But while Najib now faces a final reckoning by the country’s highest tribunal, the Federal Court, given the sluggish progress of justice in Malaysia’s judiciary, it’s likely that no decision will be handed down perhaps for a year or possibly as long as two. In a remarkably lenient legal action for someone who allegedly embezzled billions, he has even been allowed to leave the country after his conviction despite the fact that he and his wife attempted to fly out of the country on a chartered jet to Indonesia after it became clear that the Barisan Nasional had lost the 2018 election and that he could be arrested for massive corruption.
The appellate decision, however, is nonetheless ominous for Najib. The federal court, according to a Kuala Lumpur-based political analyst, is relatively free of political bias and it could well rule against him.
Despite his remaining free, the immediate effect of the decision is to prevent him from standing for office again in the Pahang state constituency he now holds. He vowed in September to newspaper editors to return to stand despite the conviction. The continuing case opens the possibility that his son will stand in his place given that a general election is probably due before the federal court rules. There is conjecture that should he be freed either by pardon or a less likely federal court acquittal, his son would then resign the seat so that he could reclaim it. But that is well in the future.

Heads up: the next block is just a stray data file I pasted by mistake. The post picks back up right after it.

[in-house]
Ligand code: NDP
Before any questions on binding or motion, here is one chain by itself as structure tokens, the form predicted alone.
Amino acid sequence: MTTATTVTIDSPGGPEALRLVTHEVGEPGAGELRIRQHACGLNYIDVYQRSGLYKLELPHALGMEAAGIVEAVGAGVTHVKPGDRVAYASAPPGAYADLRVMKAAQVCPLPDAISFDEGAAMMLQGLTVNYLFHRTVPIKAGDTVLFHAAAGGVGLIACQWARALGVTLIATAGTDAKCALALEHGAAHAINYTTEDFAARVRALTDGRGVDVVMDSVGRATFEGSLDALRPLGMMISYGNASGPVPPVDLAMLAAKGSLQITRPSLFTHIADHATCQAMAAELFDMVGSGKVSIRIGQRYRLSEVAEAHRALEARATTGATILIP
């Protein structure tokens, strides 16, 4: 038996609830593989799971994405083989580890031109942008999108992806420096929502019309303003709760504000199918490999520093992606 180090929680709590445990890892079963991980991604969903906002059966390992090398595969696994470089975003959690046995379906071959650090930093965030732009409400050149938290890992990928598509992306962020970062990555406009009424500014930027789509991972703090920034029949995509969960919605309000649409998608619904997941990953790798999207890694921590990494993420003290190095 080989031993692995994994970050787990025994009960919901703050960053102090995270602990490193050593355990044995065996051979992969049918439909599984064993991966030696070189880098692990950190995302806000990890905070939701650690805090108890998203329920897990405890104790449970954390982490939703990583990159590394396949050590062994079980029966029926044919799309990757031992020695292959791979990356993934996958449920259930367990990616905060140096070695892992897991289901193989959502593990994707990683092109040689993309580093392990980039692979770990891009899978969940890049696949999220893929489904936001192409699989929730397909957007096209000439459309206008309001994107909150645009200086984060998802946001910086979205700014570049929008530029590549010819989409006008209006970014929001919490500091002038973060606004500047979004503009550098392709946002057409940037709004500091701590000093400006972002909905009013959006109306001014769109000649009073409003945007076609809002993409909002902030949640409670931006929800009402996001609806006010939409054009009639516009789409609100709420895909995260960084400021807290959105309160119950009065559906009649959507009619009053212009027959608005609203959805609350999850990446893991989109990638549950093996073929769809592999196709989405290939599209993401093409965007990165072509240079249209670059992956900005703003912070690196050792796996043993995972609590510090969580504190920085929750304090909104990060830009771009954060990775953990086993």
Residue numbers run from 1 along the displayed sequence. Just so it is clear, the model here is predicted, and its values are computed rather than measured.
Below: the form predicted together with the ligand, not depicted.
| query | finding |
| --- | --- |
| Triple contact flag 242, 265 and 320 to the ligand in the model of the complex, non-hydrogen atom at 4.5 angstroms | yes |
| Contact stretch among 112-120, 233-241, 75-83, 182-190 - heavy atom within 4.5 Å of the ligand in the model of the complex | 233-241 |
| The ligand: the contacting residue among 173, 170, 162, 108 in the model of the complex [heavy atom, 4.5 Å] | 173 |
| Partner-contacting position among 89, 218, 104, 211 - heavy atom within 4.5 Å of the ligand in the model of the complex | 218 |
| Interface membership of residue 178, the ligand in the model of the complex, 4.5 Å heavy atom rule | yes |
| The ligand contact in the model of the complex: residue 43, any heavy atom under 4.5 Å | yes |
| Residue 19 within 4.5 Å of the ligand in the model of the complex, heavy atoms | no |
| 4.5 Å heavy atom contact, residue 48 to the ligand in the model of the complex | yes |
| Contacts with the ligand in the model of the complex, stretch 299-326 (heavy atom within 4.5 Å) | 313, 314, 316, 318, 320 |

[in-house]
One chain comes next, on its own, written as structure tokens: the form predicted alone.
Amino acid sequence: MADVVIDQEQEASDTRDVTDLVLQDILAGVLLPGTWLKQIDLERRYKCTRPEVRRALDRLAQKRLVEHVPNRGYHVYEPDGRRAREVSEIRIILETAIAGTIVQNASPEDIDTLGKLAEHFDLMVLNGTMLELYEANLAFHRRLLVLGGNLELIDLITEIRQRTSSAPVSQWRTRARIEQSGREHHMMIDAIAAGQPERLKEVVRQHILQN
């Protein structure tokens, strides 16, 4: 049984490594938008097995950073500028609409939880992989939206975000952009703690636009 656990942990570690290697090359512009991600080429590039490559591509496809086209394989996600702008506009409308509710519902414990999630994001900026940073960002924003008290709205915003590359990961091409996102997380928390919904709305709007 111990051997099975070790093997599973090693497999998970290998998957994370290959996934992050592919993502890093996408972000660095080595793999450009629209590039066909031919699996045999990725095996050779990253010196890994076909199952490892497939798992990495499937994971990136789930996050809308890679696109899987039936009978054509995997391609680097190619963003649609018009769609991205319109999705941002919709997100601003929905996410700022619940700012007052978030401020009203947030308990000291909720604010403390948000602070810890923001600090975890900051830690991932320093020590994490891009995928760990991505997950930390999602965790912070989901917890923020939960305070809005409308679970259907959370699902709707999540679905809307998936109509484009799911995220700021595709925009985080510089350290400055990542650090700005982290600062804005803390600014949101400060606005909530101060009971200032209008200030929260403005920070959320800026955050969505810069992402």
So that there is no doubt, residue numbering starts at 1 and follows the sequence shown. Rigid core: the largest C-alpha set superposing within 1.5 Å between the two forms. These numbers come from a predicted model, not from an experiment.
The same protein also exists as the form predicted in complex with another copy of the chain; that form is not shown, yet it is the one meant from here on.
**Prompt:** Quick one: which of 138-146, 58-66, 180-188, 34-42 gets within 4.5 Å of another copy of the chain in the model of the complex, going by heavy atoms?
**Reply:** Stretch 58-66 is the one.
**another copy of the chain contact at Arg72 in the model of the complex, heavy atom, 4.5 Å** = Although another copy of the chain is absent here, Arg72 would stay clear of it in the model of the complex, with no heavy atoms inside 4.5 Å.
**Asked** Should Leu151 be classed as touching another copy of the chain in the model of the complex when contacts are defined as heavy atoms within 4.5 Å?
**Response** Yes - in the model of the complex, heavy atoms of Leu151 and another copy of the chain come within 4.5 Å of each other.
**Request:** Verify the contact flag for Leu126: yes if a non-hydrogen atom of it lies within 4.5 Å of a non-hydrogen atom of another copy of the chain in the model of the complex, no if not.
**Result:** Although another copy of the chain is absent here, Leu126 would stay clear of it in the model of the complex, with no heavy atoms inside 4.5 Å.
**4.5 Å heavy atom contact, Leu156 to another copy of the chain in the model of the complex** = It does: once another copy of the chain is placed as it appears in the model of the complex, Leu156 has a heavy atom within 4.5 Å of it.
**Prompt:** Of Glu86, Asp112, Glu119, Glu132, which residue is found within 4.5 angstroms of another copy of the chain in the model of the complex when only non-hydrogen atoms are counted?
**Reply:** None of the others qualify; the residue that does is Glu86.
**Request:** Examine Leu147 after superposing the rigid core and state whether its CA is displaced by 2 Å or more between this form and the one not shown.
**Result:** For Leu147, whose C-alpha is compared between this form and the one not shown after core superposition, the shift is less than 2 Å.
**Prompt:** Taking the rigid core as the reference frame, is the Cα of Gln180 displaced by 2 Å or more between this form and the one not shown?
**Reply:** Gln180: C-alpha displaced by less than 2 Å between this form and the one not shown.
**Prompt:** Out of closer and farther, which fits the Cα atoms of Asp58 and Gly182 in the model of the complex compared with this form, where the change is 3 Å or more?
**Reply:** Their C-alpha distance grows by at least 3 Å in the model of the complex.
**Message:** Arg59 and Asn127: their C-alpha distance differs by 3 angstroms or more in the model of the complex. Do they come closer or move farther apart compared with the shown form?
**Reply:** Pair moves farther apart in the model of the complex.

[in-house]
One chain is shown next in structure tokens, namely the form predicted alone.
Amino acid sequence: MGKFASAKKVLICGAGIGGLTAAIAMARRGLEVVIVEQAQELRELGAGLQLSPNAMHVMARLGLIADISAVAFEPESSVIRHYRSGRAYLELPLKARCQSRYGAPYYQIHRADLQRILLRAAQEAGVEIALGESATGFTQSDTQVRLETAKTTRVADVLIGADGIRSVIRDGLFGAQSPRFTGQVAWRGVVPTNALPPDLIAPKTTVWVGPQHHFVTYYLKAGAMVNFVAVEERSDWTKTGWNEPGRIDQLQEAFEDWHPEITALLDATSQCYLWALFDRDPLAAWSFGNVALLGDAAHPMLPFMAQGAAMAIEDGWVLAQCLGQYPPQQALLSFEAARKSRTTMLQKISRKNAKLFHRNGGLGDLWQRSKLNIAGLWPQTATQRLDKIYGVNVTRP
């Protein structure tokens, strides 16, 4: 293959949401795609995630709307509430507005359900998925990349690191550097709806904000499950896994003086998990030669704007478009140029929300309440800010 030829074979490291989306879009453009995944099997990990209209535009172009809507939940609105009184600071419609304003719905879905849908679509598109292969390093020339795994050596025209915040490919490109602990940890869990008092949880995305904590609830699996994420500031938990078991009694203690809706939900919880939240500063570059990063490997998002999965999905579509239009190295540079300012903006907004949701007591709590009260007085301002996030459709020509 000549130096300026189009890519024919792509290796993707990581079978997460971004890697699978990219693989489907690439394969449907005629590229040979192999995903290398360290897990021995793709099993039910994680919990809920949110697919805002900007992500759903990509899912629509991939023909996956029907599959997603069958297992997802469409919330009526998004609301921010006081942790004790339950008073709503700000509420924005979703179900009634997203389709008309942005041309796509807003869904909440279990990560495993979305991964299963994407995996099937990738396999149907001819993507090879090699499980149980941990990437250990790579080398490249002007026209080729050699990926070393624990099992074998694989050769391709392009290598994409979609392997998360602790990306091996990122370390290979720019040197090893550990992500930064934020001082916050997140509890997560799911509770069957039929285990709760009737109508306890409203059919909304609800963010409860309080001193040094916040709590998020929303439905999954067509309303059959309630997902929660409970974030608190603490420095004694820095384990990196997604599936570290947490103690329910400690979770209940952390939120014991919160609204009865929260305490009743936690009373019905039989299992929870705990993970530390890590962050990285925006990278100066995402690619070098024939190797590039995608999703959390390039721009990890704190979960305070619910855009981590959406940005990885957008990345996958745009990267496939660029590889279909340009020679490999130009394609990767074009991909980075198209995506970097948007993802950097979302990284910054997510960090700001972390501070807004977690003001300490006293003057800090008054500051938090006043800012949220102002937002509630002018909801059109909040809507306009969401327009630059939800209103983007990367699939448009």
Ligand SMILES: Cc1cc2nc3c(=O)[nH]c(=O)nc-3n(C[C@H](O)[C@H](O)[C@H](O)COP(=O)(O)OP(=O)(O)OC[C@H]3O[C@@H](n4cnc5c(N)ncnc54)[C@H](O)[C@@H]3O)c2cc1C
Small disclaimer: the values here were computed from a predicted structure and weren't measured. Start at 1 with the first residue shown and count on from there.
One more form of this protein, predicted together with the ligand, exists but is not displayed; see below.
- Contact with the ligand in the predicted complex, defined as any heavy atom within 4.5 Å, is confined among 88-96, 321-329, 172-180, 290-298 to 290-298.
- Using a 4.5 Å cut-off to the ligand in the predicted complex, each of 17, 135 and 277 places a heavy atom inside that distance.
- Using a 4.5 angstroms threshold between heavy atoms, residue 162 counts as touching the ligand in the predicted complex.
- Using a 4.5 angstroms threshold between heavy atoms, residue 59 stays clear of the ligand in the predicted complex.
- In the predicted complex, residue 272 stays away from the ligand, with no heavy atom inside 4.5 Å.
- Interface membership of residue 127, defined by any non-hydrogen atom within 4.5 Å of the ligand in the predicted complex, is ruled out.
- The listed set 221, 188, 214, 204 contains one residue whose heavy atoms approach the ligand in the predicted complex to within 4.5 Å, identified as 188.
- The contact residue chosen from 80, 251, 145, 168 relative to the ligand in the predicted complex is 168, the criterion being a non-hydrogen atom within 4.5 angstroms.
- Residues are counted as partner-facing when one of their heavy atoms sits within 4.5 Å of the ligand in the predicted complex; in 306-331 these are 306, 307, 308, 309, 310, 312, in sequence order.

“The general election is very likely to be held in the next six to nine months and I don’t see how Najib can contest as his appeal wouldn’t have been dealt with by then,” the political analyst said. “Chances are, he will still be found guilty because the appeals court was his best chance. The Federal Court is made up of pretty decent judges and his chances of succeeding there are almost nil. Will he spend any jail time? I think he will spend some time. Eventually, I believe he will be pardoned. But then – I am guessing as this is how Malaysia works.”